Subject:
Philosophy
Education
Material Type:
Lesson Plan
Author:
Ella Deker
Date Added:
09/11/2018
Political Philosophy & Justice: The Options
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CC BY-NC-SA
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Below is a handout I created that covers *some* of the "space of logical possibility" for how communities might organize themselves around different conceptions of justice. This handout draws from the "space of actuality possibility" or the different sorts of political arrangements that have appeared in the western world over the past 2,500 years. My aim was to give an overview via the three criteria of who rules, who counts as a citizen, and the distribution of goods. As a two page handout, it is necessarily incomplete but hopefully it serves as a good starting point for students new to political philosophy.

I placed a photo that I took below from the new Modesto mural project that appeared downtown in the past month.

Subject:
Philosophy
Material Type:
Lecture Notes
Module
Author:
Bill Anelli
Date Added:
11/25/2019
Philosophy of Education Lesson
Unrestricted Use
CC BY
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I have used this assigned discussion with students enrolled in Education 203: Education in American Society, offered at Los Angeles Valley College.  This assignment is one of several that address the philosophy of education, particularly Paolo Freire's view of critical pedagogy.  The lesson was preceeded by two modules that presented the use of graphic organizers, hence the assignment involves a Thinking Map.  The assignment can be modified with a different manner of demonstrating knowledge other than graphic organizers. Attribution: Thinking Maps:  https://www.thinkingmaps.com/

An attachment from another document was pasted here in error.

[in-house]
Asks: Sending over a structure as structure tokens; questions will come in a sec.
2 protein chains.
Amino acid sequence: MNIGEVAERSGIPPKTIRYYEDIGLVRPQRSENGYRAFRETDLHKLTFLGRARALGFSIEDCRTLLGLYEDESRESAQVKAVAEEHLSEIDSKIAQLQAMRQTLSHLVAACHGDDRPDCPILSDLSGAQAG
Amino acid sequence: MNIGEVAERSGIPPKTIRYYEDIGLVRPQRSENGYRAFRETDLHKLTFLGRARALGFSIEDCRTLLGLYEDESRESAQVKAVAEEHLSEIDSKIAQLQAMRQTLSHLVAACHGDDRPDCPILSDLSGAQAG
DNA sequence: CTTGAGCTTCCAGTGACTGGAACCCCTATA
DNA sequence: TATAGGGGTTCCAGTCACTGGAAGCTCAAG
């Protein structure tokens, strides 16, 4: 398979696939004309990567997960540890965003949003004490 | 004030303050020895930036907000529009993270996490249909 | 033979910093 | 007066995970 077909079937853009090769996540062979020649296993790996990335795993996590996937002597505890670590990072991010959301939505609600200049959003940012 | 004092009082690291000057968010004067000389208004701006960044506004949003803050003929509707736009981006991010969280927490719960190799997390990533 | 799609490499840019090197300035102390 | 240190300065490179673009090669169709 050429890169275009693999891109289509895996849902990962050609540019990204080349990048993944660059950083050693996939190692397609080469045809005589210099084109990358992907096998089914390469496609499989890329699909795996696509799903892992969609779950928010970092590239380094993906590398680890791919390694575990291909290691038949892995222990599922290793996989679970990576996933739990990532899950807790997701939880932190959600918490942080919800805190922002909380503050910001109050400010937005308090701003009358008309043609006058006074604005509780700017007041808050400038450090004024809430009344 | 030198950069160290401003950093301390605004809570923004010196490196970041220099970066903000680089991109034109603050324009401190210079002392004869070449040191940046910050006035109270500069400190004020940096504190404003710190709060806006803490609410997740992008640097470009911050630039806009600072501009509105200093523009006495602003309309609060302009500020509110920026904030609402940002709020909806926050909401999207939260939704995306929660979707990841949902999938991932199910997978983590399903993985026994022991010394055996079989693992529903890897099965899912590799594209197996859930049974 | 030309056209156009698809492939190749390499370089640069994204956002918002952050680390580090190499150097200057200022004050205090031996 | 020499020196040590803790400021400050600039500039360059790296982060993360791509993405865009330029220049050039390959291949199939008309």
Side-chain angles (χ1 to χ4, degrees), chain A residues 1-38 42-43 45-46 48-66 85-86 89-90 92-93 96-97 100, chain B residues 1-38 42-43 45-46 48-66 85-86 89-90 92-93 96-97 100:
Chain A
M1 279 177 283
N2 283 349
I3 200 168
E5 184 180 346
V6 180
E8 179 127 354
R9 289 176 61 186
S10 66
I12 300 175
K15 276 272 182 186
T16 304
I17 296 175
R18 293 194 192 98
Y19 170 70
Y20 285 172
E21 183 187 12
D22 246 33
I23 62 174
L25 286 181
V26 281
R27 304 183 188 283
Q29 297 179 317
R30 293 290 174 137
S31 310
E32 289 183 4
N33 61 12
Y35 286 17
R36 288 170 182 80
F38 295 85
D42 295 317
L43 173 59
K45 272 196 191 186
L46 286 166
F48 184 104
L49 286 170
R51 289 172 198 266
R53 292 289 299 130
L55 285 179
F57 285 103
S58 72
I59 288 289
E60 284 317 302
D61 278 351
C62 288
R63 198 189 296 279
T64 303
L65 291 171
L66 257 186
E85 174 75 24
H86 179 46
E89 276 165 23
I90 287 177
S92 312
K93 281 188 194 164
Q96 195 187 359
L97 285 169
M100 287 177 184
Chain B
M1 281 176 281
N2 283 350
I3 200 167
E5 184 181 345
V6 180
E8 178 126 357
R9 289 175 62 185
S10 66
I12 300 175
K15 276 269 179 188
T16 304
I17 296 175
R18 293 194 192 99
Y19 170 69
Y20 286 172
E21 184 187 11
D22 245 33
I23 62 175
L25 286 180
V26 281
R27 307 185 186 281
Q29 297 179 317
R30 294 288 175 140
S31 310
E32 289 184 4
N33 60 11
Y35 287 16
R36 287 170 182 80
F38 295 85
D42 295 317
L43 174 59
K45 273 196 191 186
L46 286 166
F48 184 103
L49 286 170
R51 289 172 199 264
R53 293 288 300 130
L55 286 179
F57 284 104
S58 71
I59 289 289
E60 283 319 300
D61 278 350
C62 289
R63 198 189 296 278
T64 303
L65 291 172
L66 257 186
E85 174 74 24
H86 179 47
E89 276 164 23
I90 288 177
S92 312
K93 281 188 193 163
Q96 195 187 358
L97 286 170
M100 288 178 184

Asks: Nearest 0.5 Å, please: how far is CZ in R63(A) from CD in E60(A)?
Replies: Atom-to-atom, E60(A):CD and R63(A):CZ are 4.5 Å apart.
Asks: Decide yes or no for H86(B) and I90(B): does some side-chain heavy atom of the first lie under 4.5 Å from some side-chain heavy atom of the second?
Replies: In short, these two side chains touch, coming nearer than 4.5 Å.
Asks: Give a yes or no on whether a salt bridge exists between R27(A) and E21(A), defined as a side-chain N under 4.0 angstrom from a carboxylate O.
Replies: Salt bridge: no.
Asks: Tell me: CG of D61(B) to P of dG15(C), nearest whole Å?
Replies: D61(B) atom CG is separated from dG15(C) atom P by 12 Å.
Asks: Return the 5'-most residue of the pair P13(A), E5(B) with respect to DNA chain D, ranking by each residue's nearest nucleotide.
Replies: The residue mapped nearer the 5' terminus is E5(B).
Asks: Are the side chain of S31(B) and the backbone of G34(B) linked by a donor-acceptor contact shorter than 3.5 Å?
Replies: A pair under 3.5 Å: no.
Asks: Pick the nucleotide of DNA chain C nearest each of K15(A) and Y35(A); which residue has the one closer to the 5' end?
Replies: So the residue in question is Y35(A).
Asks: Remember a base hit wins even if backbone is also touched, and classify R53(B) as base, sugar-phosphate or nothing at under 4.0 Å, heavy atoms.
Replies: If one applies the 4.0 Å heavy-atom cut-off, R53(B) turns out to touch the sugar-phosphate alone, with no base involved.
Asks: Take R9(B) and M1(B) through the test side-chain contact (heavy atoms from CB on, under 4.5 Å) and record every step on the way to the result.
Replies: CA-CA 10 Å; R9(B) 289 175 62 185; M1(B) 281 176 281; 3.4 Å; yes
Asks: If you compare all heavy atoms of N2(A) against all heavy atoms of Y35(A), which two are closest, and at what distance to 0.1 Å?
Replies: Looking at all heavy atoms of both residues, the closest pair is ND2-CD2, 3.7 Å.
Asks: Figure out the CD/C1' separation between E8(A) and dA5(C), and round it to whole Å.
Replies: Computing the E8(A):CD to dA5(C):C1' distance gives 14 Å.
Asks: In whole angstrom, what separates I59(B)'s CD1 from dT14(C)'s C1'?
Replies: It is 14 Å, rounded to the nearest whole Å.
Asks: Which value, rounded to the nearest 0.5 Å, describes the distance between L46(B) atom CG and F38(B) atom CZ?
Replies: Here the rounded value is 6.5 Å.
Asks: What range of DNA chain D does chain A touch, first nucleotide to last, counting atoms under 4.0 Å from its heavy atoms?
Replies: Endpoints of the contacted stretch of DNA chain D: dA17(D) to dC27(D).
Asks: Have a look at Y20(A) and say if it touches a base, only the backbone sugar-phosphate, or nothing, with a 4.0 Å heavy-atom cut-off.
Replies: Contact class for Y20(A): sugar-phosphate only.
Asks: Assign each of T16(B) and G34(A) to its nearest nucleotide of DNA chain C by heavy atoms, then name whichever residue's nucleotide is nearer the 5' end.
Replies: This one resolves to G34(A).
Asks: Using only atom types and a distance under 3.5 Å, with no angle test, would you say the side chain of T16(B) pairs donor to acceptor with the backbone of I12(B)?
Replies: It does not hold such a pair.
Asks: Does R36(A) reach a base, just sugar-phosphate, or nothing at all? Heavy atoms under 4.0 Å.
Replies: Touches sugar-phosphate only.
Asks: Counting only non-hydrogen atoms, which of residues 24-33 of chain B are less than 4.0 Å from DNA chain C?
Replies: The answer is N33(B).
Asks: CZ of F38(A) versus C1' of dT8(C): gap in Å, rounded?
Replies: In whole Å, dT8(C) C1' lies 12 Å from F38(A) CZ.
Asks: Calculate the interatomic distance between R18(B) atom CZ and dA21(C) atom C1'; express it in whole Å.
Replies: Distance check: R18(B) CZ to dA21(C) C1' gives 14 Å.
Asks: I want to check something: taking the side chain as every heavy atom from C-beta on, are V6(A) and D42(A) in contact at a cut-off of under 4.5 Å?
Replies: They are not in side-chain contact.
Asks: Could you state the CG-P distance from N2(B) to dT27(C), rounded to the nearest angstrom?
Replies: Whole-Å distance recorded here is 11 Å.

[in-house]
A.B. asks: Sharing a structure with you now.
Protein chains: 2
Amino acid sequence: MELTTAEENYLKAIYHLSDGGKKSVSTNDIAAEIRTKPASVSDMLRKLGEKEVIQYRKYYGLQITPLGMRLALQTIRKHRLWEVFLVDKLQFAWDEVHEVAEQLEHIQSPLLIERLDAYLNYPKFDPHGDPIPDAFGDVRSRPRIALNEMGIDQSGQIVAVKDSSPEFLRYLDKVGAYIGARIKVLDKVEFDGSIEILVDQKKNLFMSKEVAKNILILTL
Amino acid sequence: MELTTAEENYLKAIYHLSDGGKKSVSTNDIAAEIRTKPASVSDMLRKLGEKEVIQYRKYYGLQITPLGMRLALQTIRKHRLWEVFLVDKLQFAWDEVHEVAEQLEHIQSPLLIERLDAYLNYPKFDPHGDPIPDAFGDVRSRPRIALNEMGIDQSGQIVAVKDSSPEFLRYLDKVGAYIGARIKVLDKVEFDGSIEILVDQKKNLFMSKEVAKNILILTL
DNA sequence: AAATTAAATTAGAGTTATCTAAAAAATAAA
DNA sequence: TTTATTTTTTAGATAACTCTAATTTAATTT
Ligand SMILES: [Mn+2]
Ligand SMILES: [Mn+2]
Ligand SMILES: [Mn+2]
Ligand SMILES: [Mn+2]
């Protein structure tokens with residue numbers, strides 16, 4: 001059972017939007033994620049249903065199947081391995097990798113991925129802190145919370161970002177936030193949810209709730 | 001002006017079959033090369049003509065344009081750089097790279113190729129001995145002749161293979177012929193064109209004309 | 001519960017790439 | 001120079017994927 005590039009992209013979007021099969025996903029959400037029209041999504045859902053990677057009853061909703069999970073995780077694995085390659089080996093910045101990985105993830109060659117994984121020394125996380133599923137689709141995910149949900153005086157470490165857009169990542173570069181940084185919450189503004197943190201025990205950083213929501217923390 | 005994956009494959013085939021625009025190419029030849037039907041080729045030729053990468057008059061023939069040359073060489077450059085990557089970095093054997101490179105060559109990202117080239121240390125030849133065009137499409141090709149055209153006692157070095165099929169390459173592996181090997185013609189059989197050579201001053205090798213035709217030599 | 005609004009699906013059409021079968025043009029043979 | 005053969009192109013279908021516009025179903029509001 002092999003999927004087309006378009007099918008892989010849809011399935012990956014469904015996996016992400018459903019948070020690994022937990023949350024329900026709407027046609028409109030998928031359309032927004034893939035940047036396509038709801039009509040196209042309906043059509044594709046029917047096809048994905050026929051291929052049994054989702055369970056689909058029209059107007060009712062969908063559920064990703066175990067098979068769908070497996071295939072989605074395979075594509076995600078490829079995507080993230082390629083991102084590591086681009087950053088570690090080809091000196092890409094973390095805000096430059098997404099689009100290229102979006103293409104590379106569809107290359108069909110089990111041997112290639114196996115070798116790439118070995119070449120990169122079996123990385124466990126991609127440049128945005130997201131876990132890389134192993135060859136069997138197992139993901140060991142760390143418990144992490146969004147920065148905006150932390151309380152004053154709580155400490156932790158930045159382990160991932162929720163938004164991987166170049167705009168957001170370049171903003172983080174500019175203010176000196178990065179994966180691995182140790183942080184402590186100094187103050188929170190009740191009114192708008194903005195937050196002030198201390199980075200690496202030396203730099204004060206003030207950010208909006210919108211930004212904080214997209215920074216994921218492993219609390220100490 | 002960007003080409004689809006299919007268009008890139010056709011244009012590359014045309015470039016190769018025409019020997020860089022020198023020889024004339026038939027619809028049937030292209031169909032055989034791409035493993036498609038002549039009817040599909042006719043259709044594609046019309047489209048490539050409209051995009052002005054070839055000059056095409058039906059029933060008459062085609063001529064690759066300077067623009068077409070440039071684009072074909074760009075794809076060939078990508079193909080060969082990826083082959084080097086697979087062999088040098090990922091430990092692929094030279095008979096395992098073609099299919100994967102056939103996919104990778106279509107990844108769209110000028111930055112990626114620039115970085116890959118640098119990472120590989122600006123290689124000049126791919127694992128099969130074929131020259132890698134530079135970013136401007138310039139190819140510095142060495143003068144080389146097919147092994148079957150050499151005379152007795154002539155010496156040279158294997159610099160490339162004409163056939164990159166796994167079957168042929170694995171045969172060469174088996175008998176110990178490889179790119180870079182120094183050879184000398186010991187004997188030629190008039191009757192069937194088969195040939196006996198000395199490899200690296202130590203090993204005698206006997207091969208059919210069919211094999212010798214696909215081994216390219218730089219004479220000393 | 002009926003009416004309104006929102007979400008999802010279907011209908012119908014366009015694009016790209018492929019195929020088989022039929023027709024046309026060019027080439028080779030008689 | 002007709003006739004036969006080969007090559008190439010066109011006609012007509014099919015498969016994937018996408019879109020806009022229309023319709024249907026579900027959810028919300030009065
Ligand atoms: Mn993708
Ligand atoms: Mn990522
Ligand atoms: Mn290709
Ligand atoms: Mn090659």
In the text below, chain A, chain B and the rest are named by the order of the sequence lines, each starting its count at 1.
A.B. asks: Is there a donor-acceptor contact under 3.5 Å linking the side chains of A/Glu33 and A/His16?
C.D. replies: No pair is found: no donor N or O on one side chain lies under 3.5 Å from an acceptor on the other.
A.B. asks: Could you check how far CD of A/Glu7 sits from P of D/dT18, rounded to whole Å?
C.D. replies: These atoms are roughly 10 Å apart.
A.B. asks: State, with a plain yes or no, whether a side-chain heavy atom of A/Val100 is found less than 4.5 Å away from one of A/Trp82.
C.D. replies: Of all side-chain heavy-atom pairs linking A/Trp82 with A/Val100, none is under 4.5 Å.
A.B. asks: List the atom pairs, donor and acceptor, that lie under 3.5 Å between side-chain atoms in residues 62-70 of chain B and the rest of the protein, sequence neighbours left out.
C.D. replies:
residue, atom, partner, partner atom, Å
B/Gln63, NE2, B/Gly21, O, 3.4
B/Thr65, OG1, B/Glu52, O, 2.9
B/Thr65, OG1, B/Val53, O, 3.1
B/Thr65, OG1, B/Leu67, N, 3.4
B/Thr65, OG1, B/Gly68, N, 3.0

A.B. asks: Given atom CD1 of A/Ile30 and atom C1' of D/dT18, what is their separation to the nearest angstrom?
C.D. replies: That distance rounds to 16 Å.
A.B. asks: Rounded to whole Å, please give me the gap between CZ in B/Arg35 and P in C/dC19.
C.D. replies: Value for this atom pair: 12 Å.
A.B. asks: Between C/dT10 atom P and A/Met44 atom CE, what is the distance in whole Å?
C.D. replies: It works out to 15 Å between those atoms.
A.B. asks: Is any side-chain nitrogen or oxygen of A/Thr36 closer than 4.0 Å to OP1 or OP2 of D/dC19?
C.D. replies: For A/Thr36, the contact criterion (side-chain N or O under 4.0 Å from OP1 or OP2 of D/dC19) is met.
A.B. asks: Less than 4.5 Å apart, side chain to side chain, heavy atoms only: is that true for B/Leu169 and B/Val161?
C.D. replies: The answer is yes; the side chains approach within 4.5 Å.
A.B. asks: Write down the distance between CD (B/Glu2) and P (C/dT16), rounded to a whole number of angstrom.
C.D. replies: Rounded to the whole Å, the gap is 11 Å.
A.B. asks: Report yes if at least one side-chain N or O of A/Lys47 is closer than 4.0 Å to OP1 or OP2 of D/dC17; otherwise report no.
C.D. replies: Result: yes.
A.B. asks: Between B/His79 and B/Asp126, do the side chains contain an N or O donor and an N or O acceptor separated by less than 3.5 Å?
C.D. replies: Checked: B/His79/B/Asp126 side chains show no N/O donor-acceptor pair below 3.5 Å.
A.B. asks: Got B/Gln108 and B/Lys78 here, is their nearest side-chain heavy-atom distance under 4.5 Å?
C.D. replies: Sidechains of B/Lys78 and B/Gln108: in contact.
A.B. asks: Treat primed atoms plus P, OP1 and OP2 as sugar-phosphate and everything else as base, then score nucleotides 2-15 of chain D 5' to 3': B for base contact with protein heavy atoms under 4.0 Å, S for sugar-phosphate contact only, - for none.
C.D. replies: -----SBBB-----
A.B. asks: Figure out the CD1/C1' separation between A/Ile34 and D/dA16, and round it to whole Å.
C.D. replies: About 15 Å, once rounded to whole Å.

Subject:
Arts and Humanities
Education
Material Type:
Activity/Lab
Homework/Assignment
Author:
Jennifer Niwa
Date Added:
06/29/2020
Introduction to Philosophy: Logic
Unrestricted Use
CC BY
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Introduction to Philosophy: Logic provides students with the concepts and skills necessary to identify and evaluate arguments effectively. The chapters, all written by experts in the field, provide an overview of what arguments are, the different types of arguments one can expect to encounter in both philosophy and everyday life, and how to recognise common argumentative mistakes. The book aims to reach not only those who wish to learn logic to further their philosophical education, but also those who wish to gain the tools to better understand how to approach arguments in many aspects of their lives.

Subject:
Philosophy
Material Type:
Textbook
Author:
Bahram Assadian
Benjamin Martin
Cassiano Terra Rodrigues
Christina Hendricks
Matthew Knachel
Michael Shaffer
Nathan Smith
Date Added:
11/18/2020
The Philosophy of Liberty: Curricular Resources for Political Philosophy Courses
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CC BY
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Looking for engaging content for your political philosophy course? The Institute for Humane Studies has curated this collection of educational resources to help philosophy professors enrich their curriculum. Find short videos, lectures, and reading lists on everything from where rights come from to Peter Singer's "The Drowning Child". This collection is updated frequently with new content, so watch this space!

Subject:
Philosophy
Material Type:
Teaching/Learning Strategy
Provider:
Institute for Humane Studies
Date Added:
04/13/2018
Words of Wisdom: an Intro to Philosophy
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CC BY-NC